Join Date
    Oct 2015
    Location
    Galloway, NJ
    Posts
    1,390

    Certifications
    A+, Network +, GSEC, GCIH, Lunatic+
    #5
    The obvious answer is get your Security+ first. Once you get a foundation, you can decide what area of cyber security you want to specialize in. If money is no object, then Sans 401 / GSEC is a great place to start. I wouldn't get into OSCP or CISSP just stating out, you need to learn which direction up is before you start to fly.
    Still searching for the corner in a round room.
    Reply With Quote Quote  

  7. Junior Member Registered Member
    Join Date
    Jul 2017
    Posts
    2
    #6
    Hello,

    I am already CCNA.

    I will pay the exam for myself, so I discard studying a SANS and the OSCP certs.

    I am thinking to self study an isc2 cert or the Comptia CSA+. Any advices for the this self study in order to get the cert?.

    Like a told before, I do not what will be my position in cyber security world the next years, I am beggining.

    Like I told before what I like more is secure networks. WiFi nets, secure routing and switching, firewalling, etc...


    Thank you for your answers.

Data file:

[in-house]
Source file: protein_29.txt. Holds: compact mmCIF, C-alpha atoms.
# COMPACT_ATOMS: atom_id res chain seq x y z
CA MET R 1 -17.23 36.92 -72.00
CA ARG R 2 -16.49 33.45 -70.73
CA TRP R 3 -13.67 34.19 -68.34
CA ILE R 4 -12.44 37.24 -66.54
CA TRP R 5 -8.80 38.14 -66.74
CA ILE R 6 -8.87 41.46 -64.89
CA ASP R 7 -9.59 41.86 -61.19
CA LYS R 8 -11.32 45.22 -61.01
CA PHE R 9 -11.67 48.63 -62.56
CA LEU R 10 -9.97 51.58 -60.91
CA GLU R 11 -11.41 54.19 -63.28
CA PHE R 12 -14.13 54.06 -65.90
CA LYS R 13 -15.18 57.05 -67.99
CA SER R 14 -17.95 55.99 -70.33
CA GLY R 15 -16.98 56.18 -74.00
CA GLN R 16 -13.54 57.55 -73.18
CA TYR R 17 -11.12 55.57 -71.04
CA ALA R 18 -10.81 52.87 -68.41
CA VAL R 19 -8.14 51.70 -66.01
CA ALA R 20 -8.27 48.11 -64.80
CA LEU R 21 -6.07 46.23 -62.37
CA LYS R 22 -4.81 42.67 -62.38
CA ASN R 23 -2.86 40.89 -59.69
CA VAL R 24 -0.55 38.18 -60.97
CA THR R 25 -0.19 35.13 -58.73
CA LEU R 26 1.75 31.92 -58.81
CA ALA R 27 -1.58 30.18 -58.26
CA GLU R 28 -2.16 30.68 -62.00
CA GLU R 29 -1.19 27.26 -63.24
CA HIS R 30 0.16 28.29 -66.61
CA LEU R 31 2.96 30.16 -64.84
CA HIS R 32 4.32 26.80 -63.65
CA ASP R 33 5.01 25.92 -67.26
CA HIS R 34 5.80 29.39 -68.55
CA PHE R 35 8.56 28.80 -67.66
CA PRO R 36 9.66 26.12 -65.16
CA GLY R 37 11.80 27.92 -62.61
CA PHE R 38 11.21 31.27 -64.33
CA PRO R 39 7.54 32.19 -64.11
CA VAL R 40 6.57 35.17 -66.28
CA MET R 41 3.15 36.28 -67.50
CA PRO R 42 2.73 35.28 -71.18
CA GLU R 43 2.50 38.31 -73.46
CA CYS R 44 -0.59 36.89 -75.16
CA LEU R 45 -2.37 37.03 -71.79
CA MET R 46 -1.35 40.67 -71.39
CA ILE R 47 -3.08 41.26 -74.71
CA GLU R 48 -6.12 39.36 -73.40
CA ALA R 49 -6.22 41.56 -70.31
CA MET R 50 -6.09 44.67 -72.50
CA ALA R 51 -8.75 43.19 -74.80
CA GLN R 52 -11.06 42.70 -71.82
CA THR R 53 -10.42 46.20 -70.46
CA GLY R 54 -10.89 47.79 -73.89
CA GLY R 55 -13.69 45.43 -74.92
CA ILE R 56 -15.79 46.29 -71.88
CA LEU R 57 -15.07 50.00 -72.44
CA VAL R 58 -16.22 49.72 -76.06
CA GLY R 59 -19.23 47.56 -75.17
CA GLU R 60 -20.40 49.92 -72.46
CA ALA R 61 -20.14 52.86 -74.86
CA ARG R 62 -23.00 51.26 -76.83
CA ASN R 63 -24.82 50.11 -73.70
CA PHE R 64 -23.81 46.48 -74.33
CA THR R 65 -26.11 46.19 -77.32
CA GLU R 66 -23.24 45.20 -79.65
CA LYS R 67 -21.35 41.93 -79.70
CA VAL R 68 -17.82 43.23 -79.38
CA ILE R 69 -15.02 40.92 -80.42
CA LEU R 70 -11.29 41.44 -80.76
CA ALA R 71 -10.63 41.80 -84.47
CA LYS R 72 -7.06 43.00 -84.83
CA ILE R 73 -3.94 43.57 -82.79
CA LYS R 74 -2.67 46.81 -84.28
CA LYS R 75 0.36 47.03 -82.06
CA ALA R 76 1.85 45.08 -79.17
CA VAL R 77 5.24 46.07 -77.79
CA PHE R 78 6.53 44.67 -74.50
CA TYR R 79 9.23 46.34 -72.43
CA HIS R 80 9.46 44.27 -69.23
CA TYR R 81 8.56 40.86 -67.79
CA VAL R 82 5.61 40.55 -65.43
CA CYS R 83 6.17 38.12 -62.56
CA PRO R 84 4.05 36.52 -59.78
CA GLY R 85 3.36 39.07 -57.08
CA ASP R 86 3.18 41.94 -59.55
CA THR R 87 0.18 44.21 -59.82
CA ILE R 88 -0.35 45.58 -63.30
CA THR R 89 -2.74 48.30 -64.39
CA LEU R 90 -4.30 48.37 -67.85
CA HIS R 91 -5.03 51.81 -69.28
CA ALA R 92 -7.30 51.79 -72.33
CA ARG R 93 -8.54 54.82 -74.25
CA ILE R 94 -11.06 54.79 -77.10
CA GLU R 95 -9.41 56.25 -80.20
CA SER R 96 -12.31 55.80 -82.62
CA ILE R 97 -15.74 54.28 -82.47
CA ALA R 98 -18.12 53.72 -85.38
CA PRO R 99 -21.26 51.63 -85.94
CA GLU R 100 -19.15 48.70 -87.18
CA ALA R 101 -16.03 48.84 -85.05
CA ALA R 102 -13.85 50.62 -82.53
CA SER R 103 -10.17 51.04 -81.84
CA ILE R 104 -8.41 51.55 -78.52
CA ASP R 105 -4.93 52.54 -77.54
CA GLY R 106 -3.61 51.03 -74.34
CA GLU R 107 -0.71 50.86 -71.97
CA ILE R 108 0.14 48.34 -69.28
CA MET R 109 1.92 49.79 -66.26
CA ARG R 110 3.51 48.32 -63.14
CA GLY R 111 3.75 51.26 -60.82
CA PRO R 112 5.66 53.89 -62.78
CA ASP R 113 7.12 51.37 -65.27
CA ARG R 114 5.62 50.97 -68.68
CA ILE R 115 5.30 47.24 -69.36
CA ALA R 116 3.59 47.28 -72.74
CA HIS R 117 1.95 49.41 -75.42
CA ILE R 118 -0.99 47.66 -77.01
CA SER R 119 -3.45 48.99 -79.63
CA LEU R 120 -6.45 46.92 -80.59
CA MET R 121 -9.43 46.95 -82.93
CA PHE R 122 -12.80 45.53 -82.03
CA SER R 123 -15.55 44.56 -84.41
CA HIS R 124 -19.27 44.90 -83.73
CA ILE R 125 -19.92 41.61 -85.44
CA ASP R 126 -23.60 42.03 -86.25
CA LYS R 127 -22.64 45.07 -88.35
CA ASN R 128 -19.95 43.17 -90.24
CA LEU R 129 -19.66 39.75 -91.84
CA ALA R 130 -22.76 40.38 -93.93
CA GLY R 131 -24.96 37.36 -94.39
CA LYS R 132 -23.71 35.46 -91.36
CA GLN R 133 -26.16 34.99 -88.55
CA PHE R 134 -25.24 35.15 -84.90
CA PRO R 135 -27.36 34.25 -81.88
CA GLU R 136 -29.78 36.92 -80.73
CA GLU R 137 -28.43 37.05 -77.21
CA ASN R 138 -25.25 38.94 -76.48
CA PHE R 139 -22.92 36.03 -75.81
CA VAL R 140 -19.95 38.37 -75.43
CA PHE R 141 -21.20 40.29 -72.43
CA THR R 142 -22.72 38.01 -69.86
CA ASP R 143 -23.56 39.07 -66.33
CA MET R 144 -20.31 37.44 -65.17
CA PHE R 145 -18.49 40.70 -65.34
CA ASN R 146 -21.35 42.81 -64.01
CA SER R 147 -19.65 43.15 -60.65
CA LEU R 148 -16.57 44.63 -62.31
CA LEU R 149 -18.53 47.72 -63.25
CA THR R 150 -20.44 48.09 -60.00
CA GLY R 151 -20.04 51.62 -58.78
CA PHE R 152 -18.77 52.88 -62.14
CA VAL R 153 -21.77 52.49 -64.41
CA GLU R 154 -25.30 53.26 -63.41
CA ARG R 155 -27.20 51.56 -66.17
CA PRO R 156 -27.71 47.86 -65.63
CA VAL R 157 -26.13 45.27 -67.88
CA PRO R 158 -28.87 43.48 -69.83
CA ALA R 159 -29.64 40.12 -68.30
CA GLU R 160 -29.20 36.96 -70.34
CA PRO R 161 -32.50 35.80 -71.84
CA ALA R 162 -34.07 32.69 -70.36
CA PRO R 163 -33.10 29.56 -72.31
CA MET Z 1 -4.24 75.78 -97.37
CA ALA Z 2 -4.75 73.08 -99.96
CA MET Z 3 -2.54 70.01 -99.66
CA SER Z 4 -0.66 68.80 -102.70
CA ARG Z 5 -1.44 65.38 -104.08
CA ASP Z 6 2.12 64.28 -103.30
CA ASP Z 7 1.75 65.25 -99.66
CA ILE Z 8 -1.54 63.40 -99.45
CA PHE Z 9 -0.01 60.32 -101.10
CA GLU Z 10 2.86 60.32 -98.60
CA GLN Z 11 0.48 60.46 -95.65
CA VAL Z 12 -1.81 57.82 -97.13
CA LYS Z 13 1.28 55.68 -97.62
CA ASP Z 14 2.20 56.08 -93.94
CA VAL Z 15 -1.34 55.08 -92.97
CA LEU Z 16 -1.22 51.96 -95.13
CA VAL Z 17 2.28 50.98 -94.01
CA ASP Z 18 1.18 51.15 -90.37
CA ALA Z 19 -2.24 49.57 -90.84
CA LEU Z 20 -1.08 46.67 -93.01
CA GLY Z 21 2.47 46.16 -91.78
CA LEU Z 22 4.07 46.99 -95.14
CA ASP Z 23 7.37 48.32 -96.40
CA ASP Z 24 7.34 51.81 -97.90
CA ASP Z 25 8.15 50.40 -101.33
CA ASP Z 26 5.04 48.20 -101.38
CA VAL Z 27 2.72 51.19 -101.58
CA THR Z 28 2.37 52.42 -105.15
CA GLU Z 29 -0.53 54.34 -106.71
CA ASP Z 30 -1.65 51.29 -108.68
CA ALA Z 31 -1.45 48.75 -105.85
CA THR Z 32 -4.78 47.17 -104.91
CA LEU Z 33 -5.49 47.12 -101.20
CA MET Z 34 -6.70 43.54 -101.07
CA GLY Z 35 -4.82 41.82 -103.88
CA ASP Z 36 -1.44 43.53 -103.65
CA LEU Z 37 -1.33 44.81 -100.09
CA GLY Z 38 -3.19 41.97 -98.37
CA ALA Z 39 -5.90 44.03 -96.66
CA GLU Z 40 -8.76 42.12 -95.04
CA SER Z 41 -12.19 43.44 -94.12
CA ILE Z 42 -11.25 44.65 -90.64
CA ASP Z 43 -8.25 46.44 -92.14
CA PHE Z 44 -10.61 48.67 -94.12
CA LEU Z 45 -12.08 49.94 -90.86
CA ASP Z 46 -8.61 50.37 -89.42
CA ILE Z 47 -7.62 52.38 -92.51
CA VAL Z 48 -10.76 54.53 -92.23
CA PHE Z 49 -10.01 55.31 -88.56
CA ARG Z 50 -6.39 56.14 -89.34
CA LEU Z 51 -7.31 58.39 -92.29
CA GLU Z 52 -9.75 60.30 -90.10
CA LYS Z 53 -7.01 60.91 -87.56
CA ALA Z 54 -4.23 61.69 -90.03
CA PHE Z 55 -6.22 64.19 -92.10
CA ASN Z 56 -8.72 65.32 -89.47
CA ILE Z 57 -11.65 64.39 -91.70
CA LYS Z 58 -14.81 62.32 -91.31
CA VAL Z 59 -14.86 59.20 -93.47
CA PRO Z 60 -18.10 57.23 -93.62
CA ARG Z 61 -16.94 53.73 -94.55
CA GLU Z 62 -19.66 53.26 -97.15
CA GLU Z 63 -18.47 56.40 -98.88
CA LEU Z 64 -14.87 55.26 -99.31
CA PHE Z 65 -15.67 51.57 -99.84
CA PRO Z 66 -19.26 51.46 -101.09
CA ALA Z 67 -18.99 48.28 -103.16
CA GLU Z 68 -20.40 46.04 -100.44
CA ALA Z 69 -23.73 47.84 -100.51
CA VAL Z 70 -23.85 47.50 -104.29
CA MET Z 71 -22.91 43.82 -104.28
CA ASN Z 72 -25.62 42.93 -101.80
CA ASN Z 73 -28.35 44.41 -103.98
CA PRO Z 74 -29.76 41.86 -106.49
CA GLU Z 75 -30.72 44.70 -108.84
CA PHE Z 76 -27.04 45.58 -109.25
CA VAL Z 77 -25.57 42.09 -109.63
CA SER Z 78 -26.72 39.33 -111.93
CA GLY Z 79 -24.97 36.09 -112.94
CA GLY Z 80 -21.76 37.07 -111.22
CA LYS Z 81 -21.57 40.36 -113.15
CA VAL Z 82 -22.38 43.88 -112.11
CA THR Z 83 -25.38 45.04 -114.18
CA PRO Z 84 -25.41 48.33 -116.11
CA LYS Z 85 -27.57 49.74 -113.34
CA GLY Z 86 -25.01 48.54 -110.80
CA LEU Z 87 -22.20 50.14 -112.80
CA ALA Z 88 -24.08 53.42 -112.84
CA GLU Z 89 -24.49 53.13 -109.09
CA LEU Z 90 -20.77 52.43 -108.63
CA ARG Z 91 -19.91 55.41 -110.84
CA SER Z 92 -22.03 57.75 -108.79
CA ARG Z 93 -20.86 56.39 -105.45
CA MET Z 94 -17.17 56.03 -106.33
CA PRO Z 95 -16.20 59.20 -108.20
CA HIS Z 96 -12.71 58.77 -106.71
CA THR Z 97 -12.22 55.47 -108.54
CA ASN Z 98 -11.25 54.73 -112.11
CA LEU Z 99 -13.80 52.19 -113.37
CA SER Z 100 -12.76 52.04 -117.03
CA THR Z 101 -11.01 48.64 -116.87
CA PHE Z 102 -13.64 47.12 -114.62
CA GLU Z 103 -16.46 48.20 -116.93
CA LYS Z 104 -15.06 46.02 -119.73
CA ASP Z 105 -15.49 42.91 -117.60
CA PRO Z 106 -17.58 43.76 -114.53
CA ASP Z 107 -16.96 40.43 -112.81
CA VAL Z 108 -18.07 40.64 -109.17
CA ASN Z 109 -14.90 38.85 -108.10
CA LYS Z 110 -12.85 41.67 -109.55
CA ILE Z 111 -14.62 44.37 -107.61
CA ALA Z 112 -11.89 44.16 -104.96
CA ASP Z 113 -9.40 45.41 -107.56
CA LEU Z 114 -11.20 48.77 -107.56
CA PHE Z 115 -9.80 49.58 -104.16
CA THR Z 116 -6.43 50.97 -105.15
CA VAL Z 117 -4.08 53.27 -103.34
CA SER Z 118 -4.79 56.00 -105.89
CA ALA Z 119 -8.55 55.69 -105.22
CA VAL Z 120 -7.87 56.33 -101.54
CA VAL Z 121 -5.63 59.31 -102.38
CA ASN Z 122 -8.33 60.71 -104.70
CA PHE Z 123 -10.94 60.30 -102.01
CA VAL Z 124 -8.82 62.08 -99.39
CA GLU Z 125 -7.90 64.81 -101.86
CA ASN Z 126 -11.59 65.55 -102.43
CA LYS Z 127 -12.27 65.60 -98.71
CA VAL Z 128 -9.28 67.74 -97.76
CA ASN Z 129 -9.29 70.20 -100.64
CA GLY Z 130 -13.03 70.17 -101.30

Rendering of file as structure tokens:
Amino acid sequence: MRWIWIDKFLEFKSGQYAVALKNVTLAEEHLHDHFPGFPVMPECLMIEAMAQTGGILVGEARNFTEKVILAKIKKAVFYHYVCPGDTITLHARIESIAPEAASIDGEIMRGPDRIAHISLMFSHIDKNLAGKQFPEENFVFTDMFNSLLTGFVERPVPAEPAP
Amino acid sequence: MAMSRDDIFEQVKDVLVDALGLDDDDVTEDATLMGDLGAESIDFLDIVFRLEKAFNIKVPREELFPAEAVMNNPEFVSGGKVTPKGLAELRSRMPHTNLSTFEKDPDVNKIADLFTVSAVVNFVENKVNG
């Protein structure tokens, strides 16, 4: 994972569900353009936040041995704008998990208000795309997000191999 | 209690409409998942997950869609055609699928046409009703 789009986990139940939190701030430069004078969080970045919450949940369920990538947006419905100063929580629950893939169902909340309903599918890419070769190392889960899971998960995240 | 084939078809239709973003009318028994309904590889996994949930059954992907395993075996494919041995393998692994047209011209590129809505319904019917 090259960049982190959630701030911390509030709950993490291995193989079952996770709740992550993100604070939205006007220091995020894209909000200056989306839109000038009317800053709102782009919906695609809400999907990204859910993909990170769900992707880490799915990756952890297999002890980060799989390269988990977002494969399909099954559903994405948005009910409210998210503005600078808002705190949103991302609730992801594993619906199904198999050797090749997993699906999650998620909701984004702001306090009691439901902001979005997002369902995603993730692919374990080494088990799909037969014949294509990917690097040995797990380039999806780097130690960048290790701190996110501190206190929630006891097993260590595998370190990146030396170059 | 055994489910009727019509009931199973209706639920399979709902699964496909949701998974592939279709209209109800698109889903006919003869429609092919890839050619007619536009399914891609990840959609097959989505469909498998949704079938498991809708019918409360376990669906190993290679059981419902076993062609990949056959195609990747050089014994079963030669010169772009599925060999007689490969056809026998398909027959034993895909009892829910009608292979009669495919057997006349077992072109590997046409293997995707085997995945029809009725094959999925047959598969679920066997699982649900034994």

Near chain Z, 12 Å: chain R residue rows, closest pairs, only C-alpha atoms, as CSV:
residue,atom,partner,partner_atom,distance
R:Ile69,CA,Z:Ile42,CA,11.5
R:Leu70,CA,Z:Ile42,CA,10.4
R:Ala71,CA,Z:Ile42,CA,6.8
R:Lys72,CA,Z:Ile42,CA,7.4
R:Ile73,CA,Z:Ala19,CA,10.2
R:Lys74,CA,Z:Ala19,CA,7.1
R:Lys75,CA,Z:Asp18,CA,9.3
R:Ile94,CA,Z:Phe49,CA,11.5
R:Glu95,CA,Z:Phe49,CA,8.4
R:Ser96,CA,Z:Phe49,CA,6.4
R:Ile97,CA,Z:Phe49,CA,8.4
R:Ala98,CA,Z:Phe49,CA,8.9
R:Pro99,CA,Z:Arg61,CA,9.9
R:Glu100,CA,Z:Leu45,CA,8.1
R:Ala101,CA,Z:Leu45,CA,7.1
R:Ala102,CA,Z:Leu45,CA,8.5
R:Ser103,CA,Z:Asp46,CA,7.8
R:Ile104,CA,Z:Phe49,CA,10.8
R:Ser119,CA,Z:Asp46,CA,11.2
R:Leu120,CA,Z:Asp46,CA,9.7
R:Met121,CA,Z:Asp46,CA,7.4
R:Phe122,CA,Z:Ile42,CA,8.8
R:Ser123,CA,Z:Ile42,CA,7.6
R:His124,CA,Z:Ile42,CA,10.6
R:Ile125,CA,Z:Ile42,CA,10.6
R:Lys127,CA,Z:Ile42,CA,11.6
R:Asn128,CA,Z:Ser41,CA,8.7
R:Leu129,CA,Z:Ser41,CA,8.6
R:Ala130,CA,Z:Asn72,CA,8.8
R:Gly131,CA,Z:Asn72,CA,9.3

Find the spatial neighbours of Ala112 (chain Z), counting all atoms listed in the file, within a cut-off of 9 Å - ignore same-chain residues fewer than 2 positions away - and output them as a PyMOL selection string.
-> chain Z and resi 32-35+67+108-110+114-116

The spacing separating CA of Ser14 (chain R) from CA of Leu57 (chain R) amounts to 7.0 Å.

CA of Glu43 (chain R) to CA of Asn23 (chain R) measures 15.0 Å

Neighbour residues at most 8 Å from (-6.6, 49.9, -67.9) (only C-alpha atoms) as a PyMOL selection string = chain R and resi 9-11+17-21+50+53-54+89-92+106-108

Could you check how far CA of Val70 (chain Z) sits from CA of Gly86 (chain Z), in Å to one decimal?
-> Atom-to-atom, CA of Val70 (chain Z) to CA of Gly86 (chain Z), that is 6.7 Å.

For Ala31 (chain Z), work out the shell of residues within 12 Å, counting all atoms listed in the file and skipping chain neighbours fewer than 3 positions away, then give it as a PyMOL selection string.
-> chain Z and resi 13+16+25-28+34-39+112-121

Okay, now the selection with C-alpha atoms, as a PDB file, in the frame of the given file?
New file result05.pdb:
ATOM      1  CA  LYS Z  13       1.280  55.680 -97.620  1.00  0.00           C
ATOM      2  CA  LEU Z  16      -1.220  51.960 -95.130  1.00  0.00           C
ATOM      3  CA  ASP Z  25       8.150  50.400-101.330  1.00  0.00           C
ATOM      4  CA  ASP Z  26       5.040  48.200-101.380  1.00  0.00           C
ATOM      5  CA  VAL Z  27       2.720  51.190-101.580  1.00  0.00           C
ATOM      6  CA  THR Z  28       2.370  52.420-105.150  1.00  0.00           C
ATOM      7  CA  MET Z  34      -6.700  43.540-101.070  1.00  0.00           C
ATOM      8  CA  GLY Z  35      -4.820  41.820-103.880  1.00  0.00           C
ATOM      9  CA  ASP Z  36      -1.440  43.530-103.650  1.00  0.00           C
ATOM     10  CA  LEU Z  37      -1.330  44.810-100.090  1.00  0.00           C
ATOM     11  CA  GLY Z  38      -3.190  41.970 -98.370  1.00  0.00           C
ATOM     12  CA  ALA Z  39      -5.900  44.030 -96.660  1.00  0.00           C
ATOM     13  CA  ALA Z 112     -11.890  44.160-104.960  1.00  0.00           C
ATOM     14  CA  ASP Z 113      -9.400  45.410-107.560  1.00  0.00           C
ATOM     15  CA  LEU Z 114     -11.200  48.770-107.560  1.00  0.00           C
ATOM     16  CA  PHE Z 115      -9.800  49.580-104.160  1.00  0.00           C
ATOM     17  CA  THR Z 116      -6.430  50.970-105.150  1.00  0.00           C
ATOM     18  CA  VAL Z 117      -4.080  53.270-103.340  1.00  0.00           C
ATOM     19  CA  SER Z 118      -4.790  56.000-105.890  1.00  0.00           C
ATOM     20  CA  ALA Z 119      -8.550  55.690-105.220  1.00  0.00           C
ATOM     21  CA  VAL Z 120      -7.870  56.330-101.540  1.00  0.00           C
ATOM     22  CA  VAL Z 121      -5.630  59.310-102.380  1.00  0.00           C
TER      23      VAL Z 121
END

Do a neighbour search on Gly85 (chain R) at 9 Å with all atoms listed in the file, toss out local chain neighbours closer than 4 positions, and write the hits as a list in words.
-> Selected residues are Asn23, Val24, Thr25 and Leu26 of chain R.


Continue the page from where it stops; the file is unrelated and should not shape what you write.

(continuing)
Reply With Quote Quote  

  8. Senior Member
    Join Date
    Jul 2016
    Location
    New Hampshire
    Posts
    388

    Certifications
    CCNET, CCNA R&S, ITIL, MCP, Security+
    #7
    For Security+, you can't go wrong with Darril Gibson's book and premium content on his website. Please note, there is a new Security+ exam coming out soon so be careful which version you buy books for and which one you register for.
    Reply With Quote Quote  

  9. Senior Member
    Join Date
    Jan 2013
    Posts
    128

    Certifications
    BSBA MIS, VTSP, VCA-DCV
    #8
    Quote Originally Posted by TechGromit View Post
    The obvious answer is get your Security+ first. Once you get a foundation, you can decide what area of cyber security you want to specialize in. If money is no object, then Sans 401 / GSEC is a great place to start. I wouldn't get into OSCP or CISSP just stating out, you need to learn which direction up is before you start to fly.
    Would someone mind elaborating on the "different areas." I hear this come up a lot that you should decide what you want to specialize in, but what exactly does that mean? Can anyone point me in the direction of some reading etc. regarding the different areas one might specialize in?

    For example, would "Cloud Security" be an area of specialization, or does that just refer to a very broad subject?
    Reply With Quote Quote  

  10. Member Hornswoggler's Avatar
    Join Date
    Jun 2017
    Posts
    56

    Certifications
    A+, MCSE NT 4.0, CCNA, MCSE Win2k, CISSP, GCIH, CCSK, GPEN, OSCP
    #9
    Quote Originally Posted by burfect View Post
    Would someone mind elaborating on the "different areas." I hear this come up a lot that you should decide what you want to specialize in, but what exactly does that mean? Can anyone point me in the direction of some reading etc. regarding the different areas one might specialize in?